Russia blanks out swearing in hit film Leviathan
The Oscar-nominated Russian film Leviathan is going on general release in Russian cinemas, but with silence blanking out the many swear words.
It is a highly controversial film in Russia, portraying a corrupt mayor in the bleak far north bullying a man trying to keep his property.
The distributor, A-Company Russia, says the film has not been cut, but Russian cinema-goers will not hear swear words.
Russian law bans swearing in films, TV broadcasts, theatres and the media.
Much of the dialogue in Leviathan contains swearing, some of it very strong language. A spokesman for the distributor said Russian viewers "will find it easy to lip-read the swear words".
Leviathan is already on show in London and it received a best screenplay award at the Cannes Film Festival last May.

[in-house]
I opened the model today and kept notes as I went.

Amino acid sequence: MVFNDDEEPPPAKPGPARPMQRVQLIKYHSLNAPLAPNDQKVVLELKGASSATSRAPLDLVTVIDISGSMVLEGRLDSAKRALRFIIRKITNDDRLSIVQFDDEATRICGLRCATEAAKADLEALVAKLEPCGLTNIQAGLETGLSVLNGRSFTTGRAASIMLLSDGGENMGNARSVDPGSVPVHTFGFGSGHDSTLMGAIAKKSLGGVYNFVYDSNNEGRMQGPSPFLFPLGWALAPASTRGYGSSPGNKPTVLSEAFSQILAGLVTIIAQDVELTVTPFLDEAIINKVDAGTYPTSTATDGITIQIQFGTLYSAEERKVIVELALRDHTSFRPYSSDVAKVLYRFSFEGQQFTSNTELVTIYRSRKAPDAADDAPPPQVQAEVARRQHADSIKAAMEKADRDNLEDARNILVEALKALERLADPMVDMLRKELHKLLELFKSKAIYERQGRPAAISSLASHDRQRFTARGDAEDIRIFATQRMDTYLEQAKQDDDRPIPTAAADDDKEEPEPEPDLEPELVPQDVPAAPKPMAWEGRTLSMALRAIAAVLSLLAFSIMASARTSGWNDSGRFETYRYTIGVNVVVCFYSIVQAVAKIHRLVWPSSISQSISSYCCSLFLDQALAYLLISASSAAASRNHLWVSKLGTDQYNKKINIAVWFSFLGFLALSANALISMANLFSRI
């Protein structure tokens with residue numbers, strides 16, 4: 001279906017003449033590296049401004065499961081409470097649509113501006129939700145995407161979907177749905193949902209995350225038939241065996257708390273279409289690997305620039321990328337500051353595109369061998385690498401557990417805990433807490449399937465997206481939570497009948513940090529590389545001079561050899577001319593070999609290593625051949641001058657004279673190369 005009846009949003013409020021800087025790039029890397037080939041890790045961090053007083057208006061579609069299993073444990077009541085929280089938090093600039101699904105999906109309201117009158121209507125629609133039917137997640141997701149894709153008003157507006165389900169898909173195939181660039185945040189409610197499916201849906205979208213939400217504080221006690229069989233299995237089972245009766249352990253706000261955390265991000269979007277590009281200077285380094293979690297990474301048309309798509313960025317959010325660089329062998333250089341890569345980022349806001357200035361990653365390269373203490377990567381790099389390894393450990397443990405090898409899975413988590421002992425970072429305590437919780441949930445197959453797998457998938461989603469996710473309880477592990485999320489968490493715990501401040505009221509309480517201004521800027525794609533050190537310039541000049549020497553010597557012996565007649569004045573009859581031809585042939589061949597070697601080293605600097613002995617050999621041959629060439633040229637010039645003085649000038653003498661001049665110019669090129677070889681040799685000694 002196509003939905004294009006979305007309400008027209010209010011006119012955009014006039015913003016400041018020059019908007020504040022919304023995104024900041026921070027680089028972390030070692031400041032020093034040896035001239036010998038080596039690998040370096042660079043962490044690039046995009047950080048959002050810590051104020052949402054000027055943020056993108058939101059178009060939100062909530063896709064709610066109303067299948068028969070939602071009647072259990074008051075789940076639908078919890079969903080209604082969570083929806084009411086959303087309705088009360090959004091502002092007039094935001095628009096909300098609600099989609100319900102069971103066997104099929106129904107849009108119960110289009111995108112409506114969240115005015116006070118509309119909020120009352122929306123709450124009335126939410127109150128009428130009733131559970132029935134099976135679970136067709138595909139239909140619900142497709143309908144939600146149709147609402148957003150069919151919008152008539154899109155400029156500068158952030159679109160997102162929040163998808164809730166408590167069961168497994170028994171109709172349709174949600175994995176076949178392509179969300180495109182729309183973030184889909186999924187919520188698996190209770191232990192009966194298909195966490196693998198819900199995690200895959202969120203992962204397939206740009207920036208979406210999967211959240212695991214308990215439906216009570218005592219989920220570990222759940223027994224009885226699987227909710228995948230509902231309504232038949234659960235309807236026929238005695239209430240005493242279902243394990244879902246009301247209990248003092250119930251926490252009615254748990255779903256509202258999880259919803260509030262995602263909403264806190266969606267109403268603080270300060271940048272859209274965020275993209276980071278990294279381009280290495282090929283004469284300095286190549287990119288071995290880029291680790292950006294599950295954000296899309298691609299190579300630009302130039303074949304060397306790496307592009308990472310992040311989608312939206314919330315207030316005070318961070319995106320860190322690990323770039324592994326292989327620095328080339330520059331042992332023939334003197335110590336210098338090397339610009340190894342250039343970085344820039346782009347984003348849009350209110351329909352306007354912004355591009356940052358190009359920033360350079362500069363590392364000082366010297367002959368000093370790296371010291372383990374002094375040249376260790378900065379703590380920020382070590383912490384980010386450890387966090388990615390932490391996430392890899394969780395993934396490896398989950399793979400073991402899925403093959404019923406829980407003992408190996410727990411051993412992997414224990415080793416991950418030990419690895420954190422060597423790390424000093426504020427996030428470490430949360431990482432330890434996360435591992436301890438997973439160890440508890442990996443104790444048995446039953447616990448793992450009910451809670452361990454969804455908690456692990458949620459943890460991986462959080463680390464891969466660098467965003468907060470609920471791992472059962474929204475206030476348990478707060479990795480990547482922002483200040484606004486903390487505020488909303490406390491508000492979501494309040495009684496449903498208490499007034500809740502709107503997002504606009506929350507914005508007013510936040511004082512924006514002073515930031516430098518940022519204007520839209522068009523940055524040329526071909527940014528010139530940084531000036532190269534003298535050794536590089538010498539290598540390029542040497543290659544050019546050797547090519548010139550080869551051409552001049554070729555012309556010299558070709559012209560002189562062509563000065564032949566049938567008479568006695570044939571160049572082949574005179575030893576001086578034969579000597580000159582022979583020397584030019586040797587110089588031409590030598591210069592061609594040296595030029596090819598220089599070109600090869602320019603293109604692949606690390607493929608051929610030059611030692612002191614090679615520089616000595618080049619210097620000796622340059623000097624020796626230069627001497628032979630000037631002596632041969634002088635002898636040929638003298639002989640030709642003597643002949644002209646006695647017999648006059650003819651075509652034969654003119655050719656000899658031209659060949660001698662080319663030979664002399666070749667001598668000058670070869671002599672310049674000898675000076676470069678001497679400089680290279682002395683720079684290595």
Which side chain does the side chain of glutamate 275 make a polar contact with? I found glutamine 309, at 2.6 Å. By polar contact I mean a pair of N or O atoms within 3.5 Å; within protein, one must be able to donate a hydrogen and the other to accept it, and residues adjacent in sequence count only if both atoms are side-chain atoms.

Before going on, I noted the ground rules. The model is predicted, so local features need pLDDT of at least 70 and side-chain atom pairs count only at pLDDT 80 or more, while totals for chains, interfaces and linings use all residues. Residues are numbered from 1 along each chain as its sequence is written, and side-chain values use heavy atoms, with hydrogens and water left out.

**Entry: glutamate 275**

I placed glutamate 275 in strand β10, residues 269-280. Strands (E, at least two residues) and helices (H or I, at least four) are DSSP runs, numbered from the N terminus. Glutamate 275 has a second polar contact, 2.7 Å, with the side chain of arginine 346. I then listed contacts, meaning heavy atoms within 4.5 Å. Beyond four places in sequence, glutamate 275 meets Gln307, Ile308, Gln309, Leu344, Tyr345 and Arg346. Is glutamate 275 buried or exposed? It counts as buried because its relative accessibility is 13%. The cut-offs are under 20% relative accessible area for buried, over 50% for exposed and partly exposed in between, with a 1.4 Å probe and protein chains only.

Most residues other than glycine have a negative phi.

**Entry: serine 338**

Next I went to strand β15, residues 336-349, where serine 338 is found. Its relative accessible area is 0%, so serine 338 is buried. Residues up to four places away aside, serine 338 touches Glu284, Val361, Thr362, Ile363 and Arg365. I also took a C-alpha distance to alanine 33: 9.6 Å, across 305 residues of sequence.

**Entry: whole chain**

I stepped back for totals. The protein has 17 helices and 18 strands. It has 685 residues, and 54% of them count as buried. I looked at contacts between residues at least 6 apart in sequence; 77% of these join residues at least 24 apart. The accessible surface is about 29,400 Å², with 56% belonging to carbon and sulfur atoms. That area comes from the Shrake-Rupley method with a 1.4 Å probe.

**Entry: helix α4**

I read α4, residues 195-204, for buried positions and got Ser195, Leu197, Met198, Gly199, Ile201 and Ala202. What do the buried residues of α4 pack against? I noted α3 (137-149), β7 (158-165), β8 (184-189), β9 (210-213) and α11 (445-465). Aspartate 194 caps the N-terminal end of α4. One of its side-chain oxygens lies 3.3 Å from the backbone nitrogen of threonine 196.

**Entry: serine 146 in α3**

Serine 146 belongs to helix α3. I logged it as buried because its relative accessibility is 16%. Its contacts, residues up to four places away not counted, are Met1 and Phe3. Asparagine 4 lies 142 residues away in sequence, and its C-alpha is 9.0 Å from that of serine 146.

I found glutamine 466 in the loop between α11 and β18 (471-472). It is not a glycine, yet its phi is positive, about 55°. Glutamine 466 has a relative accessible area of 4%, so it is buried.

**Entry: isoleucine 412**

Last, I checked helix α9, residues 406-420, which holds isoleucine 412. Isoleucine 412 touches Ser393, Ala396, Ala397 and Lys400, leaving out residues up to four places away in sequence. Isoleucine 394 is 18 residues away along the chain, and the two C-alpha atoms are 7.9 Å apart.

It also won a Golden Globe for best foreign film and in Russia it got a Golden Eagle award.
Demand for Leviathan among Russian cinemas has outstripped predictions, Russia's RIA Novosti news agency reports.
It will be shown in 650 cinemas - more than double the number that had been anticipated.
The film's producer, Alexander Rodnyansky, said interest had surged since a pirated copy appeared on the internet a month ago and the film had become a hot topic of debate.
Director Andrey Zvyagintsev said he was pleased that the film had sharply divided opinion in Russia.
"The film is necessary, the audience confirms that," he was quoted as saying on the Newsru.com website (in Russian).
"Society and the country are divided. The polarised viewpoints indicate that we hit the target," he said.
Some have seen the film as a condemnation of President Vladimir Putin's Russia. A big photo of Mr Putin hangs above the corrupt mayor's desk.
However, Mr Putin's spokesman Dmitry Peskov said he was pleased that Leviathan had triggered such sharp reactions in society.